U.S. House Passes Legislation to Protect Conscience Rights of Healthcare Professionals
Last Wednesday, the House of Representatives voted to pass the Conscience Protection Act of 2016 (S. 304) by 245-182. In light of egregious cases of prolife nurses being forced to assist in abortions, prolife employers – including churches – in California and New York being mandated to provide coverage of abortion in health plans, and privately funded prolife pregnancy resource centers being required to advertise abortion, this bill’s passage in the House is an important step towards more effectively protecting the civil rights of Americans who do not wish to participate in the abortion industry.
Though conscience rights laws already exist, the Conscience Protection Act is necessary for two main reasons. It would make permanent the protections of other laws such as the Weldon Amendment which must be renewed each year, and it explicitly states that victims of discrimination due to conscience have a private right of action – that is, can file a civil lawsuit – which is currently not the case.
As it is, individuals can only file a complaint with the Office of Civil Rights (OCR) under the Department of Health and Human Services (HHS) and then wait for OCR to determine if the complaint is indeed a violation of the law.
Recent events have made it clear that this protocol is woefully inadequate. This June, after almost two years of investigation following complaints, OCR decided to uphold a California mandate requiring all health plans in the state, including those provided by churches and prolife employers, to cover elective abortions.
Though the Weldon Amendment prohibits federal money from going to states that discriminate against health care entities that choose not to provide, refer for, pay for, or provide coverage of abortion, OCR reinterpreted the law, arguing that it applies only to the health insurance companies who did not file complaints.
However, former Congressman Dave Weldon, M.D., the author of the law, appeared at a Congressional Forum on Conscience Protections this July, and expressed astonishment at OCR’s reinterpretation. He said, “I authored this amendment to protect freedom for people to provide health care free from abortion and freedom for people to access health care and coverage free from the scourge of abortion.”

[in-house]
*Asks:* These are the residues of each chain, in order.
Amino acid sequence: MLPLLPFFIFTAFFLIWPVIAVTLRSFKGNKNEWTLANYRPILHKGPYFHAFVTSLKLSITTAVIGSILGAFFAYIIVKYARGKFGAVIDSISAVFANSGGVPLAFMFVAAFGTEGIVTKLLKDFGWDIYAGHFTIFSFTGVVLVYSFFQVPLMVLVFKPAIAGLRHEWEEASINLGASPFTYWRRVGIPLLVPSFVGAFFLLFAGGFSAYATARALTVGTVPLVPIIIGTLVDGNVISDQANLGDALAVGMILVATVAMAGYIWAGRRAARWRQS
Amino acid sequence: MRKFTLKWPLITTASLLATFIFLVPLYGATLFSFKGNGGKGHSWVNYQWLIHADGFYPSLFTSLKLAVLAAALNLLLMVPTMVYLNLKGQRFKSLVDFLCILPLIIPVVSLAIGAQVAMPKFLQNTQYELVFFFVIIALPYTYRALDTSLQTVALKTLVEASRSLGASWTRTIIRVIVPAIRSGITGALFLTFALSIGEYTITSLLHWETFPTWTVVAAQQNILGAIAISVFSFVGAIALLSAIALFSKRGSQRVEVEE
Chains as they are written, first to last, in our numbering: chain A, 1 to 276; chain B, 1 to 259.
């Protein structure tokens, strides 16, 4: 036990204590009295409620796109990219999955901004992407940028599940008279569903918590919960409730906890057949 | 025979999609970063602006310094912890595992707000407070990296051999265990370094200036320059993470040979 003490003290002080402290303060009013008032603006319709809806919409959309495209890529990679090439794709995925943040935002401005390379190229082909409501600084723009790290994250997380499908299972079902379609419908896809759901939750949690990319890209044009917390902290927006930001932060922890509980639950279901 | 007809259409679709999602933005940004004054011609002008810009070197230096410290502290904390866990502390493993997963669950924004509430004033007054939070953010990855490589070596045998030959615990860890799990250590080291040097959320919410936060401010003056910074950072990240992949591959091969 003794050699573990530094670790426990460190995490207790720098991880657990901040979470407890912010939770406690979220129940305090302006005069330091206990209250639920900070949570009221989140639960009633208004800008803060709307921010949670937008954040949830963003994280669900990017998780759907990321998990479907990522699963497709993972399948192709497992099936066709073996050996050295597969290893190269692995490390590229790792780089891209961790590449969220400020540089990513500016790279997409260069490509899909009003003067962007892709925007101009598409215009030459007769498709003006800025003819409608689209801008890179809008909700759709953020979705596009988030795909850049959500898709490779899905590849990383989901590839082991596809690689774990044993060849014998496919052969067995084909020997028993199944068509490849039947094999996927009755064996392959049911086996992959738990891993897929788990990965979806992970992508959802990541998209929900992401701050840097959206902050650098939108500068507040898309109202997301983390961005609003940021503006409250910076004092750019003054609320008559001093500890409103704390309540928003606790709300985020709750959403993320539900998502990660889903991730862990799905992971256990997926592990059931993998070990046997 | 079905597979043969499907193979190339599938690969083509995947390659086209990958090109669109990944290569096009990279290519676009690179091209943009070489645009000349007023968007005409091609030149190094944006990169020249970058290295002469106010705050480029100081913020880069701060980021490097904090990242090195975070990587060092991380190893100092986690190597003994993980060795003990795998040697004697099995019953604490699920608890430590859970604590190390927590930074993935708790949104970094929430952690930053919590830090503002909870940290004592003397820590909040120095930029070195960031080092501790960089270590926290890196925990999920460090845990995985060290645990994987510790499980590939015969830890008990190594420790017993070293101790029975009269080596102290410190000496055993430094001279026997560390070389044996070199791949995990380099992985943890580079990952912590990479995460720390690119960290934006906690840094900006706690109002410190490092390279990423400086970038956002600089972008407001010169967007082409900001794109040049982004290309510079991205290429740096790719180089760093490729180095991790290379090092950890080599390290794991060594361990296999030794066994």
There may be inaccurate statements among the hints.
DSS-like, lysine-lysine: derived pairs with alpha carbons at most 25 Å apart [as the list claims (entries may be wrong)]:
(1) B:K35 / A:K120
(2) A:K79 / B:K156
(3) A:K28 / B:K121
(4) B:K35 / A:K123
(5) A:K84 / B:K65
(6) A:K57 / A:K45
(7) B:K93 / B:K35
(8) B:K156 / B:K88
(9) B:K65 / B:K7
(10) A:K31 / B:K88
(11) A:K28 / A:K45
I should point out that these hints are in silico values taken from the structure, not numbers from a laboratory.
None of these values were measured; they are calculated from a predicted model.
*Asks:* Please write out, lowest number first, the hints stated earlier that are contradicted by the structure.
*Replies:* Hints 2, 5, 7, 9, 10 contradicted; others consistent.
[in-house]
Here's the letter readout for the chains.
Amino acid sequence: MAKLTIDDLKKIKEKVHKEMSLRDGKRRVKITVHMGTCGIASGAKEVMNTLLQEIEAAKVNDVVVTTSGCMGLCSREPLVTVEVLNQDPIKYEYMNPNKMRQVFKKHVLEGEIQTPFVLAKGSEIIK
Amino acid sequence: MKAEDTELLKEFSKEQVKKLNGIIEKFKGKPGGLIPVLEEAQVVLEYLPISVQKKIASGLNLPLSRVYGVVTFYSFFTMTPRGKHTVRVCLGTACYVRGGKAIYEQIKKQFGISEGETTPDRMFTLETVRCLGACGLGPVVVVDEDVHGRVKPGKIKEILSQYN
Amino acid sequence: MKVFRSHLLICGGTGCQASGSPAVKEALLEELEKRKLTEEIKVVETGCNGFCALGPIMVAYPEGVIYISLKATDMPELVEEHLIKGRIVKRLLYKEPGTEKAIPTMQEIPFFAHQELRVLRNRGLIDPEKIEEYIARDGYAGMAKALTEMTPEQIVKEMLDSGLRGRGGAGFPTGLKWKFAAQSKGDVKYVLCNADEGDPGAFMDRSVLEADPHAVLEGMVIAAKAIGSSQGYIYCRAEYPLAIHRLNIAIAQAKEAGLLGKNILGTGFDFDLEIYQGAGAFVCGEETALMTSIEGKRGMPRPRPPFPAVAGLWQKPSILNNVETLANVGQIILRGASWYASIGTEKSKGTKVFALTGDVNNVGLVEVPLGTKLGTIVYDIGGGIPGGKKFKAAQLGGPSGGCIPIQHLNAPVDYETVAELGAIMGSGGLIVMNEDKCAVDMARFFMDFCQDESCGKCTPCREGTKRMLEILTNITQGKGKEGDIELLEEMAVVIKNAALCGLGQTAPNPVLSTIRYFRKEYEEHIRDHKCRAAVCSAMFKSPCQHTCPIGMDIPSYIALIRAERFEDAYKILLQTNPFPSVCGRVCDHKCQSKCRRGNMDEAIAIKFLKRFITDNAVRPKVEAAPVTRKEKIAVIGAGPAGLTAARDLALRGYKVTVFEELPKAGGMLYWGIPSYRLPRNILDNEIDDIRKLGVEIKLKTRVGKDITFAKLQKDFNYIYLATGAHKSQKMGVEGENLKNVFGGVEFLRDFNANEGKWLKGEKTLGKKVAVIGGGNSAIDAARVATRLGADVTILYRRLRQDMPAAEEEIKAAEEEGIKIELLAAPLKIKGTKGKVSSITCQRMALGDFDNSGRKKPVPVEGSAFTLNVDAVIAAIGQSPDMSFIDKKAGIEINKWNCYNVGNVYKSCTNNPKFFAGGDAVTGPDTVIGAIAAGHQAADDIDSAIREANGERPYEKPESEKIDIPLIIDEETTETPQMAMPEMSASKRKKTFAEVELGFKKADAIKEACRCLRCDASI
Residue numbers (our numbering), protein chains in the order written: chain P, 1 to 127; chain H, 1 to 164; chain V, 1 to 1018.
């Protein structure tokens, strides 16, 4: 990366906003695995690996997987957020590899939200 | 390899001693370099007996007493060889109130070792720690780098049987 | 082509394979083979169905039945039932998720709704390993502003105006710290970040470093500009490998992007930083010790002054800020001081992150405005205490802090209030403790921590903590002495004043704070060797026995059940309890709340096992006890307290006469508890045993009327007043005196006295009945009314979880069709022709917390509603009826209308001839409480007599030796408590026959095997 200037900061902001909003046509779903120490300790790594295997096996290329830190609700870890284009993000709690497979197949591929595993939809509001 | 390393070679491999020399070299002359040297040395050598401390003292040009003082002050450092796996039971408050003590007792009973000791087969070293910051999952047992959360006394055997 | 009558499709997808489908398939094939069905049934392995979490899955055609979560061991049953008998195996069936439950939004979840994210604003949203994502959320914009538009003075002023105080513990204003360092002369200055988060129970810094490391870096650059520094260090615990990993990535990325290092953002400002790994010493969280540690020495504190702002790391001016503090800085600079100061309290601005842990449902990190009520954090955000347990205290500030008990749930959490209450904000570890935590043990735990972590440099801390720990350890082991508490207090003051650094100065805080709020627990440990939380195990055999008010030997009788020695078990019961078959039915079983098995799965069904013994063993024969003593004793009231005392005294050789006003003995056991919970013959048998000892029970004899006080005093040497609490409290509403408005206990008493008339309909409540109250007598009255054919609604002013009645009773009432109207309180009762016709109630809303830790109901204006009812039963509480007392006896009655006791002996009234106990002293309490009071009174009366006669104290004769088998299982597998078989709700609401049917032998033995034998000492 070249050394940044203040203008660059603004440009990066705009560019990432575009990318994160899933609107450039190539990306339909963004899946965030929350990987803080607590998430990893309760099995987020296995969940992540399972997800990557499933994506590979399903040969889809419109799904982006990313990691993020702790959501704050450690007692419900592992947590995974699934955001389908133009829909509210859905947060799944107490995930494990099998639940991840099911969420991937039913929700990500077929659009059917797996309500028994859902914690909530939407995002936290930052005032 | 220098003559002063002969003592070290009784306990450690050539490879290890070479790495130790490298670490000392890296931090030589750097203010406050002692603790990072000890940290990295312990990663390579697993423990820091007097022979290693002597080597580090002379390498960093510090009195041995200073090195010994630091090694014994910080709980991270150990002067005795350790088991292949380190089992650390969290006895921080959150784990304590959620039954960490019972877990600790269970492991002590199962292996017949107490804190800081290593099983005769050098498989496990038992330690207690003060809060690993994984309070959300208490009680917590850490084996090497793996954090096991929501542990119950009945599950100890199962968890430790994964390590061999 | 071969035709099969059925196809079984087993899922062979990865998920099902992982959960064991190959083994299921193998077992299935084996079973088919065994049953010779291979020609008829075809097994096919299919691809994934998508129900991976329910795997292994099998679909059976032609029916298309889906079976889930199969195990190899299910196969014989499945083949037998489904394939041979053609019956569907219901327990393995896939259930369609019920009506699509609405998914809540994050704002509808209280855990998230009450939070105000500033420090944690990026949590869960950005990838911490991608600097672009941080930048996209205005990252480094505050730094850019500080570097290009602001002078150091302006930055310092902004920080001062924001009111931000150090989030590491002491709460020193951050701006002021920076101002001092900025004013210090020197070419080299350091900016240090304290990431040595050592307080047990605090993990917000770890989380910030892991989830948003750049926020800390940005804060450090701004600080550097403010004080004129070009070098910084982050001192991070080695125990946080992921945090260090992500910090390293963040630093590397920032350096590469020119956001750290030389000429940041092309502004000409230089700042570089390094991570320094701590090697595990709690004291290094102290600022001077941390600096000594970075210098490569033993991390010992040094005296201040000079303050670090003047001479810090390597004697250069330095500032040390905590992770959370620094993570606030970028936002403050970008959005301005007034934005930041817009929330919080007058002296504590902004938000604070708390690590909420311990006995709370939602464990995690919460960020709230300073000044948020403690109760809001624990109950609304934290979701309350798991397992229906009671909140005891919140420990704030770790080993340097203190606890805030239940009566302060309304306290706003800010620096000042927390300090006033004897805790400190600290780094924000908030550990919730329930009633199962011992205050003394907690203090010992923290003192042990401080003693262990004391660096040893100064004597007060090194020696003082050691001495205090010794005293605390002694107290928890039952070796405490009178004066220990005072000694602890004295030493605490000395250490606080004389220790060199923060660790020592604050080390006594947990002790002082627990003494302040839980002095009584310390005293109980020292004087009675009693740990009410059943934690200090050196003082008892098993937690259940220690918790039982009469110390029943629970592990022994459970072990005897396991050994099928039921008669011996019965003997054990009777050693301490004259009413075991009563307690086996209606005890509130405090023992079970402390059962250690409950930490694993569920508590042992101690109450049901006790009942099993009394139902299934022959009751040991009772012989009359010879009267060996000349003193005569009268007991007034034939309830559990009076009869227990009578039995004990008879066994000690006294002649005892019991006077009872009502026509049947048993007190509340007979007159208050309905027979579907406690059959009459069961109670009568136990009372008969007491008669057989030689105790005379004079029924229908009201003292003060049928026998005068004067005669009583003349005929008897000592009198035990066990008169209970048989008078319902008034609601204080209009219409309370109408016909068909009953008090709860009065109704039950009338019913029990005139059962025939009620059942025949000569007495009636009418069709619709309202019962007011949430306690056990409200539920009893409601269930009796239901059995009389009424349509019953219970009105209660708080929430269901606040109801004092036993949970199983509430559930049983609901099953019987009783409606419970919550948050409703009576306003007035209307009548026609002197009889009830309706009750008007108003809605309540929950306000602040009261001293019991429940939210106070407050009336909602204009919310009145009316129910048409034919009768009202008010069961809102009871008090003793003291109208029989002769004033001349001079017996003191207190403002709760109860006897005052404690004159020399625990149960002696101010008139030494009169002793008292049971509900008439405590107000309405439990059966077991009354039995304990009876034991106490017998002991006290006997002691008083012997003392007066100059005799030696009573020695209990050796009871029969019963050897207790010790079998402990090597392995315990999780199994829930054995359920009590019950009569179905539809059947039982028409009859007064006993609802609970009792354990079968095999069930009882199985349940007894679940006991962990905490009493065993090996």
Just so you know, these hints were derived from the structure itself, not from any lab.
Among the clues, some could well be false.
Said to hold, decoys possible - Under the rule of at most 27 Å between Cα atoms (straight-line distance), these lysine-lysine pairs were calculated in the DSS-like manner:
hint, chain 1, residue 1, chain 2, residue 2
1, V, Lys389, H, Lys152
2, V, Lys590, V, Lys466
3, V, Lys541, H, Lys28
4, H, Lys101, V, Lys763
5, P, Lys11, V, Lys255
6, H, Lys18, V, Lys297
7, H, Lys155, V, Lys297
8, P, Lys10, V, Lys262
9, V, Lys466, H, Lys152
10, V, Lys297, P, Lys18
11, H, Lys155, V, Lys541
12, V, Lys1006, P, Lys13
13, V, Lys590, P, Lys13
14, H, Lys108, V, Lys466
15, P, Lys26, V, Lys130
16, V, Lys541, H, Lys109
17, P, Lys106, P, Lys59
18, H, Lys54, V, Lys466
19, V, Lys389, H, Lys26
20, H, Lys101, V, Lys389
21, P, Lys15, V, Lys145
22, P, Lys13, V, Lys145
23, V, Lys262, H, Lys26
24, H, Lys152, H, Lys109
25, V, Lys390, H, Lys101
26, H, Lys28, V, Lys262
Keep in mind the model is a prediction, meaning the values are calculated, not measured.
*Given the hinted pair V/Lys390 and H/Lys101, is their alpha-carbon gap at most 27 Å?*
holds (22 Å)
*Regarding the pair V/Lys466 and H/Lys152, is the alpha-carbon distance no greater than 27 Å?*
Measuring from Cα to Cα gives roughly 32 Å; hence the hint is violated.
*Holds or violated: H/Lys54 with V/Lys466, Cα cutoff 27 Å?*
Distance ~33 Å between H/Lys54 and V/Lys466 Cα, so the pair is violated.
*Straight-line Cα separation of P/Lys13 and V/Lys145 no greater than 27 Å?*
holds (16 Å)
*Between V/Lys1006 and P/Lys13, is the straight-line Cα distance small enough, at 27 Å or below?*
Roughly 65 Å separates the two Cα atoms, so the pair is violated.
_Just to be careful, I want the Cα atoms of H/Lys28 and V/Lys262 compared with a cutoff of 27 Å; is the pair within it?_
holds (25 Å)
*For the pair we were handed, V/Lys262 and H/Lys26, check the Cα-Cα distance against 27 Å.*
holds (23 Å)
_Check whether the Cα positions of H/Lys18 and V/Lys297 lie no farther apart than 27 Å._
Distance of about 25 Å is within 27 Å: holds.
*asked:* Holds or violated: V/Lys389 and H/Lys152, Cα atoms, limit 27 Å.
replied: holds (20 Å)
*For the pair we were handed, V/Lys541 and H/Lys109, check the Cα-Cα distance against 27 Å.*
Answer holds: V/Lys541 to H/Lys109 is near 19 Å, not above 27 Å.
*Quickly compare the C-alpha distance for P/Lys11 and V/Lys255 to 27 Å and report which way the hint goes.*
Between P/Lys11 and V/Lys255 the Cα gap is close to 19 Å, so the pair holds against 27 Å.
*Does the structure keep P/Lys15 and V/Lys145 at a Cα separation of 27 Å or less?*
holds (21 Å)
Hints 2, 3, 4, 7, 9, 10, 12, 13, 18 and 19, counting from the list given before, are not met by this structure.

Dr. Weldon also set the record straight on California’s abortion mandate, saying, “My amendment anticipated this very scenario by defining a health insurance plan as a protected health care entity… This is clear discrimination against the plan that excluded abortion, since such plan was no longer permitted to exist.”
Charlotte Lozier Institute associate scholar, Donna Harrison, M.D., likewise delivered a statement at the forum on behalf of 4,000 members of the American Association of Pro-Life Obstetricians and Gynecologists (AAPLOG). Dr. Harrison highlighted how conscience rights are essential for the thriving of the medical community, saying,
Medical students tell me frequently that they are interested in ob/gyn, but they won’t train in it because they don’t want to be forced to kill unborn children. No wonder there is a shortage of ob/gyn and costs are rising. On paper, federal and state conscience laws protect rights of conscience. But these students see the grim reality — those protections are worthless without a right of action when the Administration refuses to enforce the law.
America was built on freedom. “No provision in our Constitution ought to be dearer to man than that which protects the rights of conscience against enterprises of the civil authority,” wrote Thomas Jefferson. Two hundred years later, these words remain as relevant and pressing as ever. During a time when Americans are being forced against their conscience to participate in abortion, the Conscience Protection Act of 2016 proves to be indispensable.
Genevieve Plaster is a research assistant at the Charlotte Lozier Institute.